Photo by Sarah Schwepker.
Plenty of people pride themselves on having a distinctive musical taste, but it is rare for someone to capitalize off of it in the way that Raleigh native Matt Dunn has. Dunn has been a host of “Damaged Goods”, a radio program for Little Raleigh Radio for several months now, but his latest endeavor hopes to bring the Triangle’s rapidly growing local music movement to the forefront.
Dunn and longtime friend Aaron Timmins have been the hosts of “Damaged Goods” since February. The two were given the opportunity to interview a wide array of bands ranging from various local talents to even the legendary punk band Death. Dunn also creates playlists for the show unique to his diverse musical appetite. “As far as music goes, I really like to document the current stuff going on,” Dunn said. “Classics are great, but I’m sick of hearing people say music isn’t good anymore because that’s not true. You just have to put in the effort to find it. You have to dig a little.”
Since Little Raleigh Radio currently does not have an FCC license that allows it to air on FM radio, all programming is currently only available online. With competition from popular online streaming agents such as Spotify and Pandora, Dunn finds it necessary to provide audiences with a more personalized radio experience by being the man in between the music and the audience. He claims that his program separates itself from such agents due to the fact that it provides more representation of more unknown artists. “There are a lot of bands who are really good, but unfortunately it’s just them and their friends who know about them, and those are the bands I like to share with my listeners,” said Dunn.
It was his friendship with Brenna Leath, the vocalist of the Raleigh-based band the Hell No, through which Matt was presented the opportunity to take on a brand new hosting gig. Leath brought Dunn’s name into a conversation with the creative director of Twin Maples Media, Konrad Arnold, who was in the midst of creating a new web series, titled “The Setlist”, which was in need of a host. After a series of meetings, Arnold decided that Dunn was the right person to be the face of the project. “I was shocked my name was even mentioned to be a host of a TV show,” Dunn said. “I was doing the radio show because I think it’s fun, so the whole thing is a bit surreal.”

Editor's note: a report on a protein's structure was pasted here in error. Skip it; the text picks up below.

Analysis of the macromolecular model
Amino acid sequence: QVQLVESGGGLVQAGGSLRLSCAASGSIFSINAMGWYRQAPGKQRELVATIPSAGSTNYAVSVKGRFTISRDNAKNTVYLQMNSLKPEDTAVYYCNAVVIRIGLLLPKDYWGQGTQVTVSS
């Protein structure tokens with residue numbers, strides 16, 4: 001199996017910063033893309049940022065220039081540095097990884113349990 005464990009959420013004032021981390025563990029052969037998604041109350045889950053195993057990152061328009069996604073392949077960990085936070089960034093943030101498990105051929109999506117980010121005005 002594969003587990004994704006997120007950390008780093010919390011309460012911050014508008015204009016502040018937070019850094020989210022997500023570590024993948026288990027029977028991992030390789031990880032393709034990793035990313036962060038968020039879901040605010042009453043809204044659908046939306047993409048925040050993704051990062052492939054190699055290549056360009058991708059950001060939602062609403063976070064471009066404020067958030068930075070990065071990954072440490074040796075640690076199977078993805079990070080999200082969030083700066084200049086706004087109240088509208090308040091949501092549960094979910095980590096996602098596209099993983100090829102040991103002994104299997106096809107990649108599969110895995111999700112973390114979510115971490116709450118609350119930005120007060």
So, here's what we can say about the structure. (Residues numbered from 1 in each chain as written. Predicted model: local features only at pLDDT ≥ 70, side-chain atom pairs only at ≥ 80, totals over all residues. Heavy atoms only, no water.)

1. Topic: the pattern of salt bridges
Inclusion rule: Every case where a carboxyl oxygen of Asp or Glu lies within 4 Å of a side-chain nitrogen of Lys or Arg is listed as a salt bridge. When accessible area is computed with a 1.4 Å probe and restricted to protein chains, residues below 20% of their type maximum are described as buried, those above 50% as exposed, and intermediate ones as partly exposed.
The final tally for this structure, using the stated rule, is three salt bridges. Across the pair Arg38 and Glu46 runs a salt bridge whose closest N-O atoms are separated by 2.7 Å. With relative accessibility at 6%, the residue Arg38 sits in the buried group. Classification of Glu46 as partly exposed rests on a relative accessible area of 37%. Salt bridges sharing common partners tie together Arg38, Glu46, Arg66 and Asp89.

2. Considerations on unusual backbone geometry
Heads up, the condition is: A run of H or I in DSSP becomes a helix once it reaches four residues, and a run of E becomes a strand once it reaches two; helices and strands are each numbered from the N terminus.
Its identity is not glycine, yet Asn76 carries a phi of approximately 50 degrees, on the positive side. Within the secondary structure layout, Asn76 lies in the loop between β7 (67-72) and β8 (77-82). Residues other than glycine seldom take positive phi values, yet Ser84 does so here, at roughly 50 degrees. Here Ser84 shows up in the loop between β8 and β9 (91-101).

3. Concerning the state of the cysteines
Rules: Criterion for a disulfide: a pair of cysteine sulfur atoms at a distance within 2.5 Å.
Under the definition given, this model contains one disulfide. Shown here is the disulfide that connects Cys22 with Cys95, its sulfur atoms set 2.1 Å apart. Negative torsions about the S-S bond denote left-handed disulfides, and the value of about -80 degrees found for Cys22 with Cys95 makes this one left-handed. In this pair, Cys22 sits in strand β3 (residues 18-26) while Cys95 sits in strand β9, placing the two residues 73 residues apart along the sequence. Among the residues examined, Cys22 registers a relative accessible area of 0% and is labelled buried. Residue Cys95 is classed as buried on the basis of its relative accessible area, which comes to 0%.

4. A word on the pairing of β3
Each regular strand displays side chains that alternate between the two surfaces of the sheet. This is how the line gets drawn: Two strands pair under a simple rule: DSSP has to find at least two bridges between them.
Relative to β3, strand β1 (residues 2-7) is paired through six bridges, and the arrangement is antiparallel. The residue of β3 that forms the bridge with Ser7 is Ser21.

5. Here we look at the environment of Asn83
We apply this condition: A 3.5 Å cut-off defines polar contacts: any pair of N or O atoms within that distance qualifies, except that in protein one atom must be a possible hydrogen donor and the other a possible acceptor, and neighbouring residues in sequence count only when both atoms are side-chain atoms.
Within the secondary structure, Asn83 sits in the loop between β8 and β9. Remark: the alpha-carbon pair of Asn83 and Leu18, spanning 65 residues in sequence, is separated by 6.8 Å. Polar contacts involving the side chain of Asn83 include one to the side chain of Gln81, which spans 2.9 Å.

“The Setlist”, like Dunn’s radio program, focuses on exposing local artists to the public through a mass media platform. Each episode of the weekly web series features a live performance from a band followed by a short interview to provide some background about the origin and inspiration of each live act. Each episode aims to last no more than ten minutes in order to compete with the vacillating attention span of those raised in the Internet age. “I want the show to eventually be used as a tool for people to seek out music and learn a little bit about the bands they are finding,” Dunn said. Shooting for the pilot episode took place at the Pour House Music Hall and is ironically set to feature the Hell No as its first guest.
Though Dunn’s radio background gave him the experience of talking for an audience, he is prepped to face the challenges presented in crossing over into a new medium. “When you have a camera on you, it’s completely different,” Dunn said. “You have to actually look like you know what you’re doing, which I’ve been working on getting used to.” While all this seems to point at Dunn accepting more potential hosting opportunities, he has no grand vision of doing so though he is not opposed to it. Dunn fully intends to continue to document his own adventure through “Damaged Goods” while “The Setlist” is still in its early stages.
“The Setlist” is set to premiere on TriangleLife.tv, a locally-focused online TV network, sometime around mid-December, though the exact date remains tentative. In the meantime, Dunn’s radio broadcast “Damaged Goods” can be streamed every Thursday from 3 p.m. to 5 p.m. on the Little Raleigh Radio website.